BitDefender classifies 'piracy monetisation' site Rightscorp as malware

News by Adrian Bridgwater

Peer-to-Peer (P2P) file sharing tracker initially condemned due to false positive

Anti-virus software suite vendor Bitdefender has classified the Rightscorp piracy monetisation and copyright enforcement website as malware. The action has been later described as an unfortunate false positive, which was fixed in hours.

Rightscorp operates on behalf of digital media copyright owners to monitor global Peer-to-Peer (P2P) file sharing networks to track illegally downloaded digital media.

Working in conjunction with USA-based Internet Service Providers (ISPs), Rightscorp says it exists to automatically send out copyright infringement and demand notices to users who have illegally downloaded digital media.

Bitdefender users found that they could not access the Rightscorp settlement page used to pay for alleged infringements.

According to Torrent Freak, “On behalf of Warner Bros, BMG and other copyright holders Rightscorp asks [pirating] subscribers to pay US$30 per pirated file, or risk a potential US$150,000 fine in court.”

People in glass houses?

Romanian security specialist Bitdefender has not been exempt from upsets this year and has suffered a number of high profile breaches. Rightscorp meanwhile has a similarly blotted copybook and has been accused of operating with ‘extortionist practices' in the past.

In terms of operation, Rightscorp contacts ‘violators' who must then remit payment to Rightscorp for the copyright infringement. Subsequently, Rightscorp says it then makes payment to the copyright owners.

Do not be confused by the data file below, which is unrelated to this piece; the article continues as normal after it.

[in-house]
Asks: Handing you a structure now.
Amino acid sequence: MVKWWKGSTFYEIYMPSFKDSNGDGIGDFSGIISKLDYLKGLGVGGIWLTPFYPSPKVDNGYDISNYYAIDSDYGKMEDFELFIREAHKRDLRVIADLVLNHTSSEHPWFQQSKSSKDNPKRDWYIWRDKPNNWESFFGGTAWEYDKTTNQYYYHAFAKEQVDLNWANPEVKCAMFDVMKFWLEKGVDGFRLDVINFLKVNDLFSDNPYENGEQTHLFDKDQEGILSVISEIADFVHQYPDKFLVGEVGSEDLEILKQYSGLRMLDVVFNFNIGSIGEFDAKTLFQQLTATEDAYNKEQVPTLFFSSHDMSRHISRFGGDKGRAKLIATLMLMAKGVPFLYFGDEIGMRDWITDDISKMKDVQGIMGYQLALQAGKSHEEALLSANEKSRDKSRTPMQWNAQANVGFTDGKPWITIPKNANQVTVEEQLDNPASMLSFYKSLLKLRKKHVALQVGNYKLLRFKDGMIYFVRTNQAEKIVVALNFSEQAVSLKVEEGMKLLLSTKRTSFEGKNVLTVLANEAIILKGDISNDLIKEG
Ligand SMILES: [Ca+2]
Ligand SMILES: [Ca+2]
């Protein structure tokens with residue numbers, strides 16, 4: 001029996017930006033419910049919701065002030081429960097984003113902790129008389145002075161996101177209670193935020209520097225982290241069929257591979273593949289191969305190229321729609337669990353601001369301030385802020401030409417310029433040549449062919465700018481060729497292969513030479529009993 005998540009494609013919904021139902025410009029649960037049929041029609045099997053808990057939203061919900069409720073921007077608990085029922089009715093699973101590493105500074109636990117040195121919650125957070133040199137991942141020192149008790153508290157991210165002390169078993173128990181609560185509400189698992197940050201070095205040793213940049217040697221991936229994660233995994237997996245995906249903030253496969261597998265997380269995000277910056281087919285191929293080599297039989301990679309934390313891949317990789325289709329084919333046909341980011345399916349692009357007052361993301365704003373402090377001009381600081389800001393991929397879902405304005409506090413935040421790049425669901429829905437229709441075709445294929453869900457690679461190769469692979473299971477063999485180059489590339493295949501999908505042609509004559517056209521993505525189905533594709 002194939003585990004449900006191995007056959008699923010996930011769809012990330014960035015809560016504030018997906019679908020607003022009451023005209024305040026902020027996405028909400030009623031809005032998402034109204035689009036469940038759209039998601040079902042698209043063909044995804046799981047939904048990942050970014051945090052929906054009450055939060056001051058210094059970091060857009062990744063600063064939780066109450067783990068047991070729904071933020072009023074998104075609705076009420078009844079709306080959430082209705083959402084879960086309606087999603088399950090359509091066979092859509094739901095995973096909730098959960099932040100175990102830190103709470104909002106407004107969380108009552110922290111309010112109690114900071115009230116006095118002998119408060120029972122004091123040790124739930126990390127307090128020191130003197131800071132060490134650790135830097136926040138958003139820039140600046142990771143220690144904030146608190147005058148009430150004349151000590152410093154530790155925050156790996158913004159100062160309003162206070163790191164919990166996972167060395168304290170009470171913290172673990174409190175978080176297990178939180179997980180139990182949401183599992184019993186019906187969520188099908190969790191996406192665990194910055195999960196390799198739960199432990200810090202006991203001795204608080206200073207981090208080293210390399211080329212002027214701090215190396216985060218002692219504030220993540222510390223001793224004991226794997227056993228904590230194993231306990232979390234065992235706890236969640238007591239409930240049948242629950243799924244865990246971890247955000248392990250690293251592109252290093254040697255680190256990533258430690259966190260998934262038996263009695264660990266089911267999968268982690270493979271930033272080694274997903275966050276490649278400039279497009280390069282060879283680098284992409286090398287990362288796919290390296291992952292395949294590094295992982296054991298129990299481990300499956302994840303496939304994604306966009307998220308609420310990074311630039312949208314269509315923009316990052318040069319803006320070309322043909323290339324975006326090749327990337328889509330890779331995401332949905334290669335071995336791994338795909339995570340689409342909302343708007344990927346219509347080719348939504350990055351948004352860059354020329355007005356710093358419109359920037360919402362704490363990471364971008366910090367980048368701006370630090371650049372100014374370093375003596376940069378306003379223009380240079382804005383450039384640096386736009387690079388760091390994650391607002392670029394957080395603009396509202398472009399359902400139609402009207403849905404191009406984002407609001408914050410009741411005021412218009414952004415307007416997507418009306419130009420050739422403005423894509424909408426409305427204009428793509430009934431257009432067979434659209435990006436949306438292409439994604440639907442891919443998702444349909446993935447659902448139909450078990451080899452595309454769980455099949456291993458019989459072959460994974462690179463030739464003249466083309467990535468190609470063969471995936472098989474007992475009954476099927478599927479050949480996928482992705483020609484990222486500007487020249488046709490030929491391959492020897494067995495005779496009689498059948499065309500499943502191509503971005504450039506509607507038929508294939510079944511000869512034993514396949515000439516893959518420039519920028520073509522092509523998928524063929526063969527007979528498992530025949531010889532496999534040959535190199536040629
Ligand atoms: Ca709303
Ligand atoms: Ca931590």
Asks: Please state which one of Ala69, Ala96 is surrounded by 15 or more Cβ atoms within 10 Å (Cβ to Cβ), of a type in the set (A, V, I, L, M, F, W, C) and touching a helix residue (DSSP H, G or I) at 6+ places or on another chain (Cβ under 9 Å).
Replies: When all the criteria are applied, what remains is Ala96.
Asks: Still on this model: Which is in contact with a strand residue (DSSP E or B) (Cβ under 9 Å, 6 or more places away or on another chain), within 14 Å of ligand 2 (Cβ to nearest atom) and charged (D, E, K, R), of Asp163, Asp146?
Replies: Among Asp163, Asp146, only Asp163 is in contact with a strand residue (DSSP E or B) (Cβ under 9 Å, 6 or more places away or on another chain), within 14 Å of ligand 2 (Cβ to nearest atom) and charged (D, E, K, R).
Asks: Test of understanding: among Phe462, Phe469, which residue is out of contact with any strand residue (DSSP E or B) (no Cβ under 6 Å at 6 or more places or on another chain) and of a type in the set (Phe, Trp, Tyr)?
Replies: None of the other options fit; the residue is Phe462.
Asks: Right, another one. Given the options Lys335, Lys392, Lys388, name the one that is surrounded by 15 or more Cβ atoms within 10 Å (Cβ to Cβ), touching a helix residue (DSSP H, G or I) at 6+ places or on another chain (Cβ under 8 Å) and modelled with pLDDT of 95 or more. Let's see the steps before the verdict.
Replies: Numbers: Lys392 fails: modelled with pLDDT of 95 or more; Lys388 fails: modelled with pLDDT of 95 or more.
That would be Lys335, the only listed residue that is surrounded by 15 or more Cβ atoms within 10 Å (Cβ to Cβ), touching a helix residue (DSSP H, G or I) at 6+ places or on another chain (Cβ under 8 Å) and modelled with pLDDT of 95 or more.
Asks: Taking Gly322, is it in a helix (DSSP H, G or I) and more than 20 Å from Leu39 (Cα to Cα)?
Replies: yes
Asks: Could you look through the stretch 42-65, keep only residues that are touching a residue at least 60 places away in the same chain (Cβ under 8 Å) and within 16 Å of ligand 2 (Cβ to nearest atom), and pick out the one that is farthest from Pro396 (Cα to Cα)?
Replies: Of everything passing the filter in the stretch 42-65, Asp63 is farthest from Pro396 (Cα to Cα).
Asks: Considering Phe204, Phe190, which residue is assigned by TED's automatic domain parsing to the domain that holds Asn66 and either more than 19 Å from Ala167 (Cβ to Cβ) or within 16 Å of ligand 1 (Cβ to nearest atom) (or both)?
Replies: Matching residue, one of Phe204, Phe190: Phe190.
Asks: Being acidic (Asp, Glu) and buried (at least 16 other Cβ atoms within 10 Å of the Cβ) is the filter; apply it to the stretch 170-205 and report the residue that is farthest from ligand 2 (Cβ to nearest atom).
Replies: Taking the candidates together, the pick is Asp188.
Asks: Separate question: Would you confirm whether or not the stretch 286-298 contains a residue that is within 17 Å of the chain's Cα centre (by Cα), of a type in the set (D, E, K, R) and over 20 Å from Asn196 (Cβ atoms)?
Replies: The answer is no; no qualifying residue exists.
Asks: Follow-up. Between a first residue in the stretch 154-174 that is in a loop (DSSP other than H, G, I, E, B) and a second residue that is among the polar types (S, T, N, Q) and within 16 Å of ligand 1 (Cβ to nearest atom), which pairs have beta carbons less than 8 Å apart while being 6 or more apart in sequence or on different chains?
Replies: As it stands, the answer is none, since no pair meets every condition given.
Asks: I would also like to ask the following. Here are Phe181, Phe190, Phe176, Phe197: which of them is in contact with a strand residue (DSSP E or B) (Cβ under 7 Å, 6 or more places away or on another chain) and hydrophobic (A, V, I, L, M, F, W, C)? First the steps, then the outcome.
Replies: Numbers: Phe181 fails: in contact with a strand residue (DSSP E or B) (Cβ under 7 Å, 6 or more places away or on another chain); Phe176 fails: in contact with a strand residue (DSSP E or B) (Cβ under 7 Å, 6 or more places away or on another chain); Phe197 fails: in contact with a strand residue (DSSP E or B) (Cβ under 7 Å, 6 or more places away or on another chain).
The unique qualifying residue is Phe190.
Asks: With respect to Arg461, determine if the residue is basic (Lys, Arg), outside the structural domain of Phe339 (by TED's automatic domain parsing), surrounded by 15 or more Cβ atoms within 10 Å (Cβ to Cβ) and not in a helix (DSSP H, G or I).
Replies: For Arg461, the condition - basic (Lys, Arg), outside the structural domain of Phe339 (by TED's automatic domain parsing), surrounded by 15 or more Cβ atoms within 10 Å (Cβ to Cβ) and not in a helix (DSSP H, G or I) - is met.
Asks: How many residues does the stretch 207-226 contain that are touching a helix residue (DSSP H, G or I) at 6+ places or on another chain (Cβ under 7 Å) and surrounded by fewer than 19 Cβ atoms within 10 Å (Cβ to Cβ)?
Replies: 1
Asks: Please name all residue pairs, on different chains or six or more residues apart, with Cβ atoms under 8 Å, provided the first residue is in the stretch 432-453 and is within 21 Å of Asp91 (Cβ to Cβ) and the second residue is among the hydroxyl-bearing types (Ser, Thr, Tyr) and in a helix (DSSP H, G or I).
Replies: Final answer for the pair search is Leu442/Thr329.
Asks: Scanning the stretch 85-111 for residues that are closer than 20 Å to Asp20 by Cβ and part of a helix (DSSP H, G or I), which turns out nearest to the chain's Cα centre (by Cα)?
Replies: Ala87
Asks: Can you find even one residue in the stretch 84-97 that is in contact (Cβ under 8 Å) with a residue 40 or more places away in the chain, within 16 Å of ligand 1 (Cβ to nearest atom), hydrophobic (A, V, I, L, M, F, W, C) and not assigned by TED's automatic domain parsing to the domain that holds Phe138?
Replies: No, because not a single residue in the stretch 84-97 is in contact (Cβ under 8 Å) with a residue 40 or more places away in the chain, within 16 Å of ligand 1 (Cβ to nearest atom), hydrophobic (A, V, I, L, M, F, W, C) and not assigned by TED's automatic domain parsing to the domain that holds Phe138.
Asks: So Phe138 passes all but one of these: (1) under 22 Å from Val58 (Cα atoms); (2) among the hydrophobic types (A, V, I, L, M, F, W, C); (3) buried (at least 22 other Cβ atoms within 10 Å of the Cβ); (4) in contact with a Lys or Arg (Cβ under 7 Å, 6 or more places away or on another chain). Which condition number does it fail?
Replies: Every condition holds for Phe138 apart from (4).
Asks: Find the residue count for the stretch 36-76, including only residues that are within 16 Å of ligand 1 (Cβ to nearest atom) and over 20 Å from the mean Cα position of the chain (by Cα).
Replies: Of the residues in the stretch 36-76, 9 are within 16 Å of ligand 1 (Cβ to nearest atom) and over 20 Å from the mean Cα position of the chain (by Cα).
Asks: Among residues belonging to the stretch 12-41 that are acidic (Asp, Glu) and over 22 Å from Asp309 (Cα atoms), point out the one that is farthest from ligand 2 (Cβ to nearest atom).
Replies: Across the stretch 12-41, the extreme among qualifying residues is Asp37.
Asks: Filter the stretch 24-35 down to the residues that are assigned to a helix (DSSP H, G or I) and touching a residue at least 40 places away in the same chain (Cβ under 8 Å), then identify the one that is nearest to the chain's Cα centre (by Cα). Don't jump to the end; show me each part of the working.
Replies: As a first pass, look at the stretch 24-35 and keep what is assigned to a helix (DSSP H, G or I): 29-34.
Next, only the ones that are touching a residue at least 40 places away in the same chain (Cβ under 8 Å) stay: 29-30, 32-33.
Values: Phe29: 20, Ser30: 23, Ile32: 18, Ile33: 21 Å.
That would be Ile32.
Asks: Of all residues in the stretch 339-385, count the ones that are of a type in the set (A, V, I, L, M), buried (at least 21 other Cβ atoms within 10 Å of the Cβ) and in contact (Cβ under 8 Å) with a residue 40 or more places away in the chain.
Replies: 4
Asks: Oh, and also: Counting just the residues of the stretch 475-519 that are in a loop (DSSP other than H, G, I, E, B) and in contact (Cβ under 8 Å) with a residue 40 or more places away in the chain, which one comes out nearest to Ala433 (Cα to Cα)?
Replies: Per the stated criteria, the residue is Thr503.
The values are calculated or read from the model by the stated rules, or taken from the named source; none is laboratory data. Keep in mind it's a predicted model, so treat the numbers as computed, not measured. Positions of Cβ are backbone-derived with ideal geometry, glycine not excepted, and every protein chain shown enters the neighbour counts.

According to the Rightscorp overview statement, many infringers who do not pay are disconnected by their ISPs.

Rightscorp's technology system monitors the global Peer-to-Peer (P2P) file sharing networks and sends emails to ISPs using the notice format as specified in the Digital Millennium Copyright Act (DMCA) with the date, time, song title and other specific technology identifiers to confirm the infringement by the ISP's customer.

“This case illustrates how one's data is only as secure as the third party with whom they're hosting/file sharing,” said Margee Abrams, director of security service product marketing product marketing at Neustar Inc.

Speaking to SC Magazine UK today Abrams added, “Public sharing services are under no obligation to protect other people's data so one needs to weigh the risk to confidentiality to the benefit of the service before taking this decision.”

False positive, after all

“Blocking Rightscorp payment page was just an unfortunate false positive which we fixed in hours,” confirmed Andrei Taflan, global PR manager for Bitdefender in a statement sent to SC Magazine UK.

“False positives are the result of having to find the right balance between proactively stopping new threats and not disrupting normal applications. As independent testing from AV-Comparatives and AV-Test shows, Bitdefender has a solid history of performance in this area,” added Taflan.

Shedding additional commentary on the story, services director at analyst house Quocirca Clive Longbottom spoke to SC Magazine to call this news a ‘spat' between a couple of entities that should know better. 

“For a security company to try and defend itself, it must be totally independent in how it deals with sites,” he said. “As long as the site does not contain malware, then stating that it does is moralistically breaking the accepted norms of the Internet. For a company trying to deal with piracy, then it needs to be very clear and open about what it is doing.”

The technology analyst finished by saying that Rightscorp must make clear in any communications with those it identifies who it is, who it pays money to, how much of the $30 per track/film/whatever it pays over and how it will then ensure that the copyright is made available to the person against the payment. 

Longbottom concludes, “Between these actions falls the user themselves – very few will mind being blocked from Rightscorp's site: how many people are likely to say ‘oops – I've been caught out and I have 10,000 tracks – best transfer $300,000 to a company I've never heard of?”

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